RBI's curbs set to cut gold imports by a tenth

Last Updated: Thu, May 09, 2013 04:31 hrs

The Reserve Bank of India's (RBI) decision to curb gold bullion imports by banks is aimed at cutting such shipments into the country by at least 10 per cent. Gold import was 1,015 tonnes in 2012-13 and nearly 70 per cent of this was by this method.

Under such imports, banks make the payment to the foreign seller when they sell the gold in India; till then, no money moves out. As banks do not have to fund such imports before they are sold, such imports ran ahead of the demand, says RBI. Anticipating higher demand for Akshaya Tritiya next week, a lot of imports have taken place on this basis; in April, these crossed 100 tonnes.

Import by this route will be allowed to meet the genuine needs of jewellery exporters. Gold demand for domestic use will be routed through banks but by placing orders and paying margins.

Suvanker Sen, executive director of Senco Gold Ltd, a leading eastern Indian jewellery retail chain, said: "RBI's proposal will lead to lower supply of gold and while demand for jewellery will not be affected, there is possibility of investment demand getting affected."

A veteran bullion analyst said in 2012-13, about 230 tonnes of gold jewellery was exported, including round tripping, meaning export in the form of crude jewellery.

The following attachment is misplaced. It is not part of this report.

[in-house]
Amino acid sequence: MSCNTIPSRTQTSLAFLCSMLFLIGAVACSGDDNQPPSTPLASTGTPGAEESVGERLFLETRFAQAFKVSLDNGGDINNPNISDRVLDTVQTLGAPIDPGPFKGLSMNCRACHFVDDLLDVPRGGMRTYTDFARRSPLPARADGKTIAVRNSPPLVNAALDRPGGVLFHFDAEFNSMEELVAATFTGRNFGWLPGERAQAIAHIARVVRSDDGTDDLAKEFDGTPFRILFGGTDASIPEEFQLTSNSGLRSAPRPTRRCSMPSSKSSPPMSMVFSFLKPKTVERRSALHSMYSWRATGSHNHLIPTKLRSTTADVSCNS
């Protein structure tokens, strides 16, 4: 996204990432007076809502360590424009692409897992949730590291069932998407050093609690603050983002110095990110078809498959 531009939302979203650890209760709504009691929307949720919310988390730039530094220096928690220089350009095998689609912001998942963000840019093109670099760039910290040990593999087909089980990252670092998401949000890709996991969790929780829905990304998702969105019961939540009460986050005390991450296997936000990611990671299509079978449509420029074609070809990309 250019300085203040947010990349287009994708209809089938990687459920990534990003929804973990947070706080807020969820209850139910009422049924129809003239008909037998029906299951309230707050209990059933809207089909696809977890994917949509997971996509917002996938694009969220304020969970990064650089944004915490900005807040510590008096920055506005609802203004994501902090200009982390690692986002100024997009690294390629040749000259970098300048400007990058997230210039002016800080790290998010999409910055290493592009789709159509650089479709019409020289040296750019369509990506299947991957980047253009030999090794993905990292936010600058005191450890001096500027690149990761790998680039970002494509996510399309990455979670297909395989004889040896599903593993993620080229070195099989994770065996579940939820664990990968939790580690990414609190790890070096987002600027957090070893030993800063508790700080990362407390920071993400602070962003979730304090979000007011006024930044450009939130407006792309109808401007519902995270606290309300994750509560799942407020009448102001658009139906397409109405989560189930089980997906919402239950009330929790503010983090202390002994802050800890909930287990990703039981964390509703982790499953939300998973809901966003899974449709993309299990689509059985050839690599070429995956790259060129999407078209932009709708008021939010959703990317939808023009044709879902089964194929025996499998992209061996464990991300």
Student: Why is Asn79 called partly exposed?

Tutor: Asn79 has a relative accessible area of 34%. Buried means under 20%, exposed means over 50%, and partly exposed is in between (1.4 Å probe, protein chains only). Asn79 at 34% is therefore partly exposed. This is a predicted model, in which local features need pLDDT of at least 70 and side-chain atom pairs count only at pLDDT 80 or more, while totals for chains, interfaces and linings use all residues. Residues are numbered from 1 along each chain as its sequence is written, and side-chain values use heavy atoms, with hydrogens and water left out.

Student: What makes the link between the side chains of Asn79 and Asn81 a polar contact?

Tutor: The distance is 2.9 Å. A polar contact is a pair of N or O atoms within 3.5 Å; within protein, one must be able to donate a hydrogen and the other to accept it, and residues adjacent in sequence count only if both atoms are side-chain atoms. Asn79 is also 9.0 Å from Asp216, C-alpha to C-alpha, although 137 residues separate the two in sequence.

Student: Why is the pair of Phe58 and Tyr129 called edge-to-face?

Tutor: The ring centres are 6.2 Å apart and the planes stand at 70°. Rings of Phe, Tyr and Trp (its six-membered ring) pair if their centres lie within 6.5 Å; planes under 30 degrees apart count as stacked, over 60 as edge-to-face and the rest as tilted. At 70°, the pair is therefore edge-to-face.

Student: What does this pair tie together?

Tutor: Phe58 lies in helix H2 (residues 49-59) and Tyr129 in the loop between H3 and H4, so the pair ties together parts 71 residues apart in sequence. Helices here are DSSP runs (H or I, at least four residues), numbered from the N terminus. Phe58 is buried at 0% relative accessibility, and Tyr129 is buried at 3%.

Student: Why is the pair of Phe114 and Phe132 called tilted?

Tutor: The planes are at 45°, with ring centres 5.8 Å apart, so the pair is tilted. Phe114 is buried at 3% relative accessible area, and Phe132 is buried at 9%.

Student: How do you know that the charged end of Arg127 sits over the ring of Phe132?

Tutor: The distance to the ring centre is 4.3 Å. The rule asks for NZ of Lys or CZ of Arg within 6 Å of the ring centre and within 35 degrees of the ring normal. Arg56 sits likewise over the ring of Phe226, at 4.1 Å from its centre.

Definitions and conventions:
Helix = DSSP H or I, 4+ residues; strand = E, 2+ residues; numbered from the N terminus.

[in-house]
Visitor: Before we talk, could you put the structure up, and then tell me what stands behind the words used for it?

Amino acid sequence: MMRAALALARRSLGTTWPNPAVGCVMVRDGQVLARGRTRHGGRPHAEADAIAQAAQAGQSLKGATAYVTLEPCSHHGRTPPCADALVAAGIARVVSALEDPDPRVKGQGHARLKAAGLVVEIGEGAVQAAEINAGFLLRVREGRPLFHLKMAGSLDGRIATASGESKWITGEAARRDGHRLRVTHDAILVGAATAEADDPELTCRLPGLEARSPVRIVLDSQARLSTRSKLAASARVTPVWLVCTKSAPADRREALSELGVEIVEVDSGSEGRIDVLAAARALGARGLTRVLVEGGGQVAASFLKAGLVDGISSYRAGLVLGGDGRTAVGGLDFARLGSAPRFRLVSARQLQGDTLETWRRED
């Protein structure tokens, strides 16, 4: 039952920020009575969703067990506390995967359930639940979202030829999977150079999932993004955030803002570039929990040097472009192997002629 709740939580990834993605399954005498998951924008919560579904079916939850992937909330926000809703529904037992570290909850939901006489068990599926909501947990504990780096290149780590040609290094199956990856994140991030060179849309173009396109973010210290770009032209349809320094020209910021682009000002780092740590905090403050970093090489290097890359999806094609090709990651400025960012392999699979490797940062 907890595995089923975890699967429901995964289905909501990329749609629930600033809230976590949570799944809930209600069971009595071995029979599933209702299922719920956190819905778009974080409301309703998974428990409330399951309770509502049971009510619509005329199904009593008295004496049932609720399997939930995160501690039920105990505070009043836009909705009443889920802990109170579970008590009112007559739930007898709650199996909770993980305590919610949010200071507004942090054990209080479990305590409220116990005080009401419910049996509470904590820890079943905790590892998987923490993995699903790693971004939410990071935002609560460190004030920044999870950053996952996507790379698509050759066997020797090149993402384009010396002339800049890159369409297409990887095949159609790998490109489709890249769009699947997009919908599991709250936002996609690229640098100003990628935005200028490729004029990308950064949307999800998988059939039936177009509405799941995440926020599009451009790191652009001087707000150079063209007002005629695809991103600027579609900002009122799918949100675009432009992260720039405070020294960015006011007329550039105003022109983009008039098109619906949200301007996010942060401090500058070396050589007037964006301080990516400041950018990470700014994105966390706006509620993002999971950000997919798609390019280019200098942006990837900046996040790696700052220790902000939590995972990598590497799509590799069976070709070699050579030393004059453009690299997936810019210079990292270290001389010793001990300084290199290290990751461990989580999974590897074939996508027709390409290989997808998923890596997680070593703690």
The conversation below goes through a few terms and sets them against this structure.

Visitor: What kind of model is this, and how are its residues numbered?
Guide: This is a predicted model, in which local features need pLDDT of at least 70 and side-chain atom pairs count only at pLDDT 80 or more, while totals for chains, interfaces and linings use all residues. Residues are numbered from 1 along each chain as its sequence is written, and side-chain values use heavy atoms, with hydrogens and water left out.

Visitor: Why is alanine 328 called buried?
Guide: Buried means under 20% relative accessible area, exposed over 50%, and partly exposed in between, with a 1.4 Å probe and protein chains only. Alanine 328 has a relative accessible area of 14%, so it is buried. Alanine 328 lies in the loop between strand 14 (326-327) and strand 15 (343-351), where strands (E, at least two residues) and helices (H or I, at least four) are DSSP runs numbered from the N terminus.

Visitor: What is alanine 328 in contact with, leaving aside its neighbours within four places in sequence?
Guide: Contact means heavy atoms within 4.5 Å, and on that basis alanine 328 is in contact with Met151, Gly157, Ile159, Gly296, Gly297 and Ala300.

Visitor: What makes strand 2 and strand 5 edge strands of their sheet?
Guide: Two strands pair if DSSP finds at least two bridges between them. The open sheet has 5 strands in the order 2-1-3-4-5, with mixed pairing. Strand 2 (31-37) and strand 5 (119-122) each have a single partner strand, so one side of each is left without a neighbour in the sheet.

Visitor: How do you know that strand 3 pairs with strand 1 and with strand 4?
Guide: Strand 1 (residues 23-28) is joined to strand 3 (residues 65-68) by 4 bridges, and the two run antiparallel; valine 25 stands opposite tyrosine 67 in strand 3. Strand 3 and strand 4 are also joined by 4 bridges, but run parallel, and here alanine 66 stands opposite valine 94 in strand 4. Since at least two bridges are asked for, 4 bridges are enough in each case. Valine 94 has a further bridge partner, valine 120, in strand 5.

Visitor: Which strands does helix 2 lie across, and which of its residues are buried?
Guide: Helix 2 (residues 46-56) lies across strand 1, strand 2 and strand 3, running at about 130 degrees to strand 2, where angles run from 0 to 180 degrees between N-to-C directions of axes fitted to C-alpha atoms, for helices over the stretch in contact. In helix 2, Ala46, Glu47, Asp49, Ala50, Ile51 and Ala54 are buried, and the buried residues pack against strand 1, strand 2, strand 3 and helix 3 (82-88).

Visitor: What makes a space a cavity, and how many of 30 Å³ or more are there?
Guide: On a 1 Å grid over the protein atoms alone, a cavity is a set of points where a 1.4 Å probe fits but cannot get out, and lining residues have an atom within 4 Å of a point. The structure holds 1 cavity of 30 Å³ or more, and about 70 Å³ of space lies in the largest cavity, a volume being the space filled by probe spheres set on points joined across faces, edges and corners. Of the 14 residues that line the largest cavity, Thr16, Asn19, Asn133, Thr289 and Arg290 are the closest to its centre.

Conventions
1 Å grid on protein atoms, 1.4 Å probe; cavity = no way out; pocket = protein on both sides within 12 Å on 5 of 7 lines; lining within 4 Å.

Last month, the Prime Minister's Economic Advisory Council said gold imports had moderated in 2012-13 and after the recent fall in prices, was likely to reduce further. The Council wanted more restrictions to ensure these did not cross $40 billion (it was $50 bn in the first 11 months of 2012-13).

The jewellery trade is unhappy. "Jewellers will find it difficult to get gold," said Bachhraj Bamalwa, former chairman, All India Gems & Jewellery Trade Federation. Fewer banks would remain in the business and, hence, would start charging more, he said. Banks used to charge $2 an ounce of premium for selling gold but these have, in the past month, risen to $12. "If these premiums increase further, there will be enough incentive for smuggling in gold, as the import duty is six per cent and one per cent VAT (value added tax) is already applicable," he said.

The trade says smaller jewellers would also be affected, as their orders would be of a few kilos and they would have to place margin money before giving the order through a bank. Banks will also wait to club orders, as a few kilos of import would not be viable. "This will increase the cost and waiting period for small jewellers," explained an official with a large gold jewellery retail chain.

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